The University of Arizona Health Sciences Center for Advanced Molecular and Immunological Therapies, or CAMI, received a strong vote of support from Arizona Gov. Doug Ducey, who designated $150 million in new funding for the Phoenix-based center.
- To be located on the Phoenix Bioscience Core in downtown Phoenix
- CAMI will support research to catalyze the next generation of precision health care treatments.
- Researchers and physician-scientists are increasingly using precision medicine to develop new cell- and gene-based
- therapeutical options for diseases, building on the idea that the most effective defense against health issues is the body’s natural immune system.
“We are immensely thankful to Gov. Ducey for his support of CAMI,” said University of Arizona President Robert C. Robbins. “Immunotherapy is the future of medicine. CAMI will allow the University of Arizona to remain on the forefront of medical research and meet the grand challenges of cancer, infectious diseases and autoimmune conditions by advancing our knowledge of the immunology of these serious health issues. With the generous financial support of the state, we will accelerate the development of novel strategies for the diagnosis, prevention and treatment of the most devastating diseases to improve the health of all Arizonans.”
CAMI will serve as the anchor for an innovation district that aims to differentiate Phoenix from other emerging life sciences hubs,
establishing the Phoenix Bioscience Core as a center of cellular and gene-based therapy research, startup activity and corporate engagement.It is not often that an opportunity to benefit Arizonans in such diverse ways presents itself, as it has with CAMI,” said Gov. Doug Ducey. “As it grows, CAMI is poised to bring new jobs and businesses to Arizona, bolstering the economy not only in Maricopa County, but also across the state. More importantly, the research CAMI will advance and bring to fruition offers Arizona residents the hope of new treatments that will positively impact their health and well-being. My thanks to President Robbins and the University of Arizona for their dedication to building a healthier Arizona.”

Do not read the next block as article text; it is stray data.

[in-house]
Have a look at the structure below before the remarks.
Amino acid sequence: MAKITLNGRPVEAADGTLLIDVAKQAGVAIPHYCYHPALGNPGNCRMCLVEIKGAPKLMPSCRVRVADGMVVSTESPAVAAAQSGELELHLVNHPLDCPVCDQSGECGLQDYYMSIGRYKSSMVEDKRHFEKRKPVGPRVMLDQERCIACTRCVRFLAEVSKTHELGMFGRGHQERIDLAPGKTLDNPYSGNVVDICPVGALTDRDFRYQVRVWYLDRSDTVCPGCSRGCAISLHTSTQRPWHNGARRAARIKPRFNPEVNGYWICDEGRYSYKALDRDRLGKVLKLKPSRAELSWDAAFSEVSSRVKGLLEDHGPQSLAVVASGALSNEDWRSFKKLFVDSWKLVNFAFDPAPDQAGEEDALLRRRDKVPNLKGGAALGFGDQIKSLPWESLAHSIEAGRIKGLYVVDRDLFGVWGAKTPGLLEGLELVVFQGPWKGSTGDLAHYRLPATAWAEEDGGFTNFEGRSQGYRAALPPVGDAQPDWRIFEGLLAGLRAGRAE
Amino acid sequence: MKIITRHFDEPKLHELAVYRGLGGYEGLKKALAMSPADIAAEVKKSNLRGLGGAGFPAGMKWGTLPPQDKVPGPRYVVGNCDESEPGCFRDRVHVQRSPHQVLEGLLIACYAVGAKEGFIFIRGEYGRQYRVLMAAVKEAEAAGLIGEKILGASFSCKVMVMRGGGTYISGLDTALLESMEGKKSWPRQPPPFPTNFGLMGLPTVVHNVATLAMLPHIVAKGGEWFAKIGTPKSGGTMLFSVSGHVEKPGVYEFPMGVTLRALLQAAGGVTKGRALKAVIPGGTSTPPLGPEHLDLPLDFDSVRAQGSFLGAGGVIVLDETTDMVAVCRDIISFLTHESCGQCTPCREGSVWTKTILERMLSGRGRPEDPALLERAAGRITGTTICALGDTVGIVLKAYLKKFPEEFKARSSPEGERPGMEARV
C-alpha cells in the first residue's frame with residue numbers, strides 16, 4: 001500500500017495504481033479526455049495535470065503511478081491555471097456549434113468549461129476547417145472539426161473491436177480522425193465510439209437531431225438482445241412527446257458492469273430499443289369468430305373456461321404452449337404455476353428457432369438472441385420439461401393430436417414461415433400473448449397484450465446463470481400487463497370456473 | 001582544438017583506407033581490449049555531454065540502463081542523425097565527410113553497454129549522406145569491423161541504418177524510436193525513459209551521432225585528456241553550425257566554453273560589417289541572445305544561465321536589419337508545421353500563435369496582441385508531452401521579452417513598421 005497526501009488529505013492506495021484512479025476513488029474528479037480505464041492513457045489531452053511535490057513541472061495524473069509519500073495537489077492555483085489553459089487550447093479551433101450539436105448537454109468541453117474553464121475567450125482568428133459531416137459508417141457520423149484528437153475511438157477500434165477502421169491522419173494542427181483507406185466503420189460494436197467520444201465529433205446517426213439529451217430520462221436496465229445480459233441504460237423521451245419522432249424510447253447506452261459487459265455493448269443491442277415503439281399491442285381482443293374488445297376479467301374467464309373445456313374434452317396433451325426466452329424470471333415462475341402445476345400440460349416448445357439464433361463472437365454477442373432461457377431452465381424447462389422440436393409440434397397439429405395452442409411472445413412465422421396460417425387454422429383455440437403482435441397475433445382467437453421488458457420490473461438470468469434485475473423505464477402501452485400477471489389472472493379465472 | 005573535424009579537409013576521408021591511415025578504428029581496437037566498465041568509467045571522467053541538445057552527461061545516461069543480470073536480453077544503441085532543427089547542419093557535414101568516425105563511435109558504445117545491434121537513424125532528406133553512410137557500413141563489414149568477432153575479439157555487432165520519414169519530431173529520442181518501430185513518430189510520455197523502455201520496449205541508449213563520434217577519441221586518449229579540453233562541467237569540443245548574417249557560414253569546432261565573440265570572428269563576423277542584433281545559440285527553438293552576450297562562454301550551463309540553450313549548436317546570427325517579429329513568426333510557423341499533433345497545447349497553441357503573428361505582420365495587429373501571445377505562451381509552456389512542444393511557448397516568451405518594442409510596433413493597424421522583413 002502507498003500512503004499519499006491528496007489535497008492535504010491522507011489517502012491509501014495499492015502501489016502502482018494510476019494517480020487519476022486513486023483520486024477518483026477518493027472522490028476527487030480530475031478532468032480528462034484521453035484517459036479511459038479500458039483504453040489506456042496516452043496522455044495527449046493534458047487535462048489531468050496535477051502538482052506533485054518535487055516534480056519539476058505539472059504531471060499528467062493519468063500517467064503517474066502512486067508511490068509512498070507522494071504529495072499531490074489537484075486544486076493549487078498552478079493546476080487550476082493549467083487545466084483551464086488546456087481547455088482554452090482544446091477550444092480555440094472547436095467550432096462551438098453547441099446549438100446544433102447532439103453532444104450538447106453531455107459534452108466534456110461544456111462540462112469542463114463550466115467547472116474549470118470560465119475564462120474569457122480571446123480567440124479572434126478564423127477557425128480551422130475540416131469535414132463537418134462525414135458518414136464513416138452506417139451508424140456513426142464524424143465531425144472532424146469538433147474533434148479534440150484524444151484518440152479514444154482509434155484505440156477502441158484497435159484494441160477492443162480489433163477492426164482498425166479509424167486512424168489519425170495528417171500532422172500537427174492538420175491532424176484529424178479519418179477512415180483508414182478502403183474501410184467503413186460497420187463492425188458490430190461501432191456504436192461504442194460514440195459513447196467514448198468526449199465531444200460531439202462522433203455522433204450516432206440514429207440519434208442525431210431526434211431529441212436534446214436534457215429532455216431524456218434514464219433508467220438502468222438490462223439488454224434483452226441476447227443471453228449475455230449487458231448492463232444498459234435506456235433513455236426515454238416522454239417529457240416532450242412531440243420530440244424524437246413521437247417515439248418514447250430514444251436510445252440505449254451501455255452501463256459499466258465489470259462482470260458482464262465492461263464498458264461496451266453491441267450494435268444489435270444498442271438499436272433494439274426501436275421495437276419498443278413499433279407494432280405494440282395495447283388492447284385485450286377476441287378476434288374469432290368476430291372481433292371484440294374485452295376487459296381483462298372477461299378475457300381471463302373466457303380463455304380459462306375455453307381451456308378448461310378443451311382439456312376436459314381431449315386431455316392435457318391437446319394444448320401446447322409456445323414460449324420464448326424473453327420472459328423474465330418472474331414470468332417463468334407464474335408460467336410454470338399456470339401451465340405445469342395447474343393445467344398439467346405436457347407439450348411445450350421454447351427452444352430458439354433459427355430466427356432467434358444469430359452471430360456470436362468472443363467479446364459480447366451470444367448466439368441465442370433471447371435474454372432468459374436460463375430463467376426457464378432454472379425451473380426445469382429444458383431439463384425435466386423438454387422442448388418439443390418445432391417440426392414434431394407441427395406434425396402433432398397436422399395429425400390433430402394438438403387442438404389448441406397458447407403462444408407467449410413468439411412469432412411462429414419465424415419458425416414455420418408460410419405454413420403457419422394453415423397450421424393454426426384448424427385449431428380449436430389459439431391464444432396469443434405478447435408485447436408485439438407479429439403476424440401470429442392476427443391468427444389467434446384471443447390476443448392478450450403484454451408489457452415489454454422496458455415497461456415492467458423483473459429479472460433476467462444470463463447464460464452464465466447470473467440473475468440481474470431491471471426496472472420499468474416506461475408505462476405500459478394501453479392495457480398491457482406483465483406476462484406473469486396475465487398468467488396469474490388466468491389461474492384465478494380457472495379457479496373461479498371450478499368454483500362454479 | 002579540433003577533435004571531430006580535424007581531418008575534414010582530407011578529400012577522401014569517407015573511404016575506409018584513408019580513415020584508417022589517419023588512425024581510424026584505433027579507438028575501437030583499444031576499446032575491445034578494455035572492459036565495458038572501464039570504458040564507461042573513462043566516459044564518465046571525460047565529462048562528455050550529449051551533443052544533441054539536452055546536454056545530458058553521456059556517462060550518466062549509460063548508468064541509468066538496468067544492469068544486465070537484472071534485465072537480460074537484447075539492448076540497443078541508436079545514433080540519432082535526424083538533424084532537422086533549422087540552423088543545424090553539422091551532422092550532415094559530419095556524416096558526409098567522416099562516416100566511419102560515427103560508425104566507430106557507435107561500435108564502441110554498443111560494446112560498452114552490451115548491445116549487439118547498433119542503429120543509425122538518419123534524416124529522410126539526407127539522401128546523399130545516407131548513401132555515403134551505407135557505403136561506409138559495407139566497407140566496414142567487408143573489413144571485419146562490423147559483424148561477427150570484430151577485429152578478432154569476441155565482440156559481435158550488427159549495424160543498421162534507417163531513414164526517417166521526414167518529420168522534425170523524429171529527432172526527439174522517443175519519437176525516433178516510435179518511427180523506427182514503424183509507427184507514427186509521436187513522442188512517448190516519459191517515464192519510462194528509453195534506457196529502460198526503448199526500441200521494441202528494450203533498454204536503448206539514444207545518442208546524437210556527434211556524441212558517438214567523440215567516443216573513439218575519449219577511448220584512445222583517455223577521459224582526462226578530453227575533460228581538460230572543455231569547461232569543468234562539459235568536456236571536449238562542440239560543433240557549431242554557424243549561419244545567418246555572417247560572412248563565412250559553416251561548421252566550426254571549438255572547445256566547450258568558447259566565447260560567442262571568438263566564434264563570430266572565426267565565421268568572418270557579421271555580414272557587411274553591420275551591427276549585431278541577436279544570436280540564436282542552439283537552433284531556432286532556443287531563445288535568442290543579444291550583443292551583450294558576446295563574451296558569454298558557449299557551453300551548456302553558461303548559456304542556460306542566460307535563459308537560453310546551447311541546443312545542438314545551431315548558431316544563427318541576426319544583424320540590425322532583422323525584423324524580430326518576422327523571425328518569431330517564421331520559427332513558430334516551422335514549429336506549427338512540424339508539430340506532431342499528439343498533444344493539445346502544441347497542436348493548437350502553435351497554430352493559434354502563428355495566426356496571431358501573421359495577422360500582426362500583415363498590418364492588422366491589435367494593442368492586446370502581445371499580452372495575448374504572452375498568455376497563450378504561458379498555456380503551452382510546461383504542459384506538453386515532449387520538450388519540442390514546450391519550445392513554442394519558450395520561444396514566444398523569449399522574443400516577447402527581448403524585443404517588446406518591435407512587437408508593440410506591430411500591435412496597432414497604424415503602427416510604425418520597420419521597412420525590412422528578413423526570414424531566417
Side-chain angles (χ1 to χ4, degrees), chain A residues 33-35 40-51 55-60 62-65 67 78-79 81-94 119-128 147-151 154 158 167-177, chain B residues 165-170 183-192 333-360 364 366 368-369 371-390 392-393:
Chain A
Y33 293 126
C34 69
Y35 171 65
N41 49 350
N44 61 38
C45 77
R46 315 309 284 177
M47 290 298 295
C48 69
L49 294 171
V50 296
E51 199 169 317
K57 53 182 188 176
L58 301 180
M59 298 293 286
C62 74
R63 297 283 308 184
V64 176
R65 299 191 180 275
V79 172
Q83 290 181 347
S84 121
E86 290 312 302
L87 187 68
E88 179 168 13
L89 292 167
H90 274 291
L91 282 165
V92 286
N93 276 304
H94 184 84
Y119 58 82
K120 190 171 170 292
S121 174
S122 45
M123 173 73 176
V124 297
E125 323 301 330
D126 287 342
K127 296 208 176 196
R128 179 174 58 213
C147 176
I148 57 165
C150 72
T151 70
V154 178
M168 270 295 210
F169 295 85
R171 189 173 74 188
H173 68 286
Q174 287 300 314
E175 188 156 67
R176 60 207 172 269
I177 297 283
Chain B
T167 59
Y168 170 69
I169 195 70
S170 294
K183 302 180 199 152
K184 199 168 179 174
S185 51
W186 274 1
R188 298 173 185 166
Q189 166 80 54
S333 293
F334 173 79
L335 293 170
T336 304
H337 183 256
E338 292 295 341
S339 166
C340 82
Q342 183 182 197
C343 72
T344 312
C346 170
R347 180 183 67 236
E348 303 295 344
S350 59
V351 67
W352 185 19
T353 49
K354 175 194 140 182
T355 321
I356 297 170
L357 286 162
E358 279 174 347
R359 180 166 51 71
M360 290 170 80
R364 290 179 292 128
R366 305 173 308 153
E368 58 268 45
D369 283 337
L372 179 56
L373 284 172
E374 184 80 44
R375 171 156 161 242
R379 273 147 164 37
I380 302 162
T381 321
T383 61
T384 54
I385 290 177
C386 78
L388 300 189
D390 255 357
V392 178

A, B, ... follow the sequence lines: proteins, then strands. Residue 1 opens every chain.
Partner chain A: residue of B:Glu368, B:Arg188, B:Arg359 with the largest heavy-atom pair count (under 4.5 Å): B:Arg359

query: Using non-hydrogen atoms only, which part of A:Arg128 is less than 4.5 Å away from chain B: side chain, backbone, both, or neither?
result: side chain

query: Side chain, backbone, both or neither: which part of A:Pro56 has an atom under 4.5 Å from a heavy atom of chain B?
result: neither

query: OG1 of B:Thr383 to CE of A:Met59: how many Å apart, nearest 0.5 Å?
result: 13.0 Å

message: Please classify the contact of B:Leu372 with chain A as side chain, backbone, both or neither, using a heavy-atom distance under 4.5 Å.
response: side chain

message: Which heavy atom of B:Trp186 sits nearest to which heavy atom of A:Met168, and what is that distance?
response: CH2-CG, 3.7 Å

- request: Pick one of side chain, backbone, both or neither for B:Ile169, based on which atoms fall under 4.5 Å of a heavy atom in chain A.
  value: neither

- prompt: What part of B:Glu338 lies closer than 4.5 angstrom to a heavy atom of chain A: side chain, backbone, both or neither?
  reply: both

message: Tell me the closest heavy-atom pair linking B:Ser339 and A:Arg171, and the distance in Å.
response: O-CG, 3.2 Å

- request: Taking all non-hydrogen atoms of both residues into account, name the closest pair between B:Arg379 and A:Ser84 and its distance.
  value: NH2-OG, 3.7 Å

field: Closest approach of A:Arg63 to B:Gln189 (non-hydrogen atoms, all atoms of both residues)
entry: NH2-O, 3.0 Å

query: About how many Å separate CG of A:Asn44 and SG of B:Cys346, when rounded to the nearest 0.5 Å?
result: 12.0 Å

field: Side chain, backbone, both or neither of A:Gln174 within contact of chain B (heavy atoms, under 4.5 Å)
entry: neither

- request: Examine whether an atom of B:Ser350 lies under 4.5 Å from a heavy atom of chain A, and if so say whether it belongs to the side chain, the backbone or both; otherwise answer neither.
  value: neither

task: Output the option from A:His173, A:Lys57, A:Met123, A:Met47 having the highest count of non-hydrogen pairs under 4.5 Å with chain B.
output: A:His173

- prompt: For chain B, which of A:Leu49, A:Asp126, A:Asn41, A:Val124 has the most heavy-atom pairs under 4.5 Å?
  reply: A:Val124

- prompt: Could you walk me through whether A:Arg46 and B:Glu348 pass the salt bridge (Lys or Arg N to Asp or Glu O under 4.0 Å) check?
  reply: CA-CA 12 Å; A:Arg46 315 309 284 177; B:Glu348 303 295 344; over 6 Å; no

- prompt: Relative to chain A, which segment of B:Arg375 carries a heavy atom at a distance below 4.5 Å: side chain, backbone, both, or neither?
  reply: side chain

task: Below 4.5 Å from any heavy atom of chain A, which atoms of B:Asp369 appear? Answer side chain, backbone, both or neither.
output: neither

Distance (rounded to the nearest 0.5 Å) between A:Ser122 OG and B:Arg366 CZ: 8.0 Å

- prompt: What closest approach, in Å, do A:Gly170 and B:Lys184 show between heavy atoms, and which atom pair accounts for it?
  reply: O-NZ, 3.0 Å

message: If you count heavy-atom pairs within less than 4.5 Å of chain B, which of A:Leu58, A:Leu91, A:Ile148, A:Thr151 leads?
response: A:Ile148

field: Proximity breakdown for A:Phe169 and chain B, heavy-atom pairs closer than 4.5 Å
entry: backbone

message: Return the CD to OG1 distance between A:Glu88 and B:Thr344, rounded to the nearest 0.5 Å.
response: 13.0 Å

- CAMI will build on university 0f phoenix Health Sciences’ expertise in basic science,
- translational medicine and investigator-initiated clinical trials to advance immunotherapies research in four areas:
- cancer, infectious diseases, autoimmune diseases and real-time immune system monitoring.
- The center’s Phoenix location is expected to facilitate strong connections with partners such as Arizona State University,
- Northern Arizona University, the Mayo Clinic and the Translational Genomics Research Institute, among others.
“There is not a field with more explosive growth than immunotherapy. We are seeing rapid growth in research investments and increased formation of academic and industry partnerships around the world,” said Dr. Michael D. Dake, senior vice president for the University of Arizona Health Sciences. “We expect CAMI to be nothing short of a national biomedical research hub, and we are incredibly grateful to Gov. Ducey for supporting that vision by investing in what will be a transformational center for Phoenix and the state of Arizona and its residents.”
In addition to the scientific and medical advances CAMI is expected to facilitate, the center also will positively impact job growth and enhance incomes and tax revenues in Maricopa County and across the state. Economic impact estimates show a return on investment of 2.5-to-1 within 10 years, with CAMI attracting more than 150 companies to greater Phoenix and creating at least 7,500 new bioscience-related jobs and 13,000 supporting jobs. Economic activity in Arizona would increase by at least $3.9 billion, with $430 million or more in new state tax revenue and at least $140 million in local tax revenue.
The CAMI Advisory Council is comprised of more than 20 leaders in academic research, biomedical and health care industries, government organizations and corporations across the state.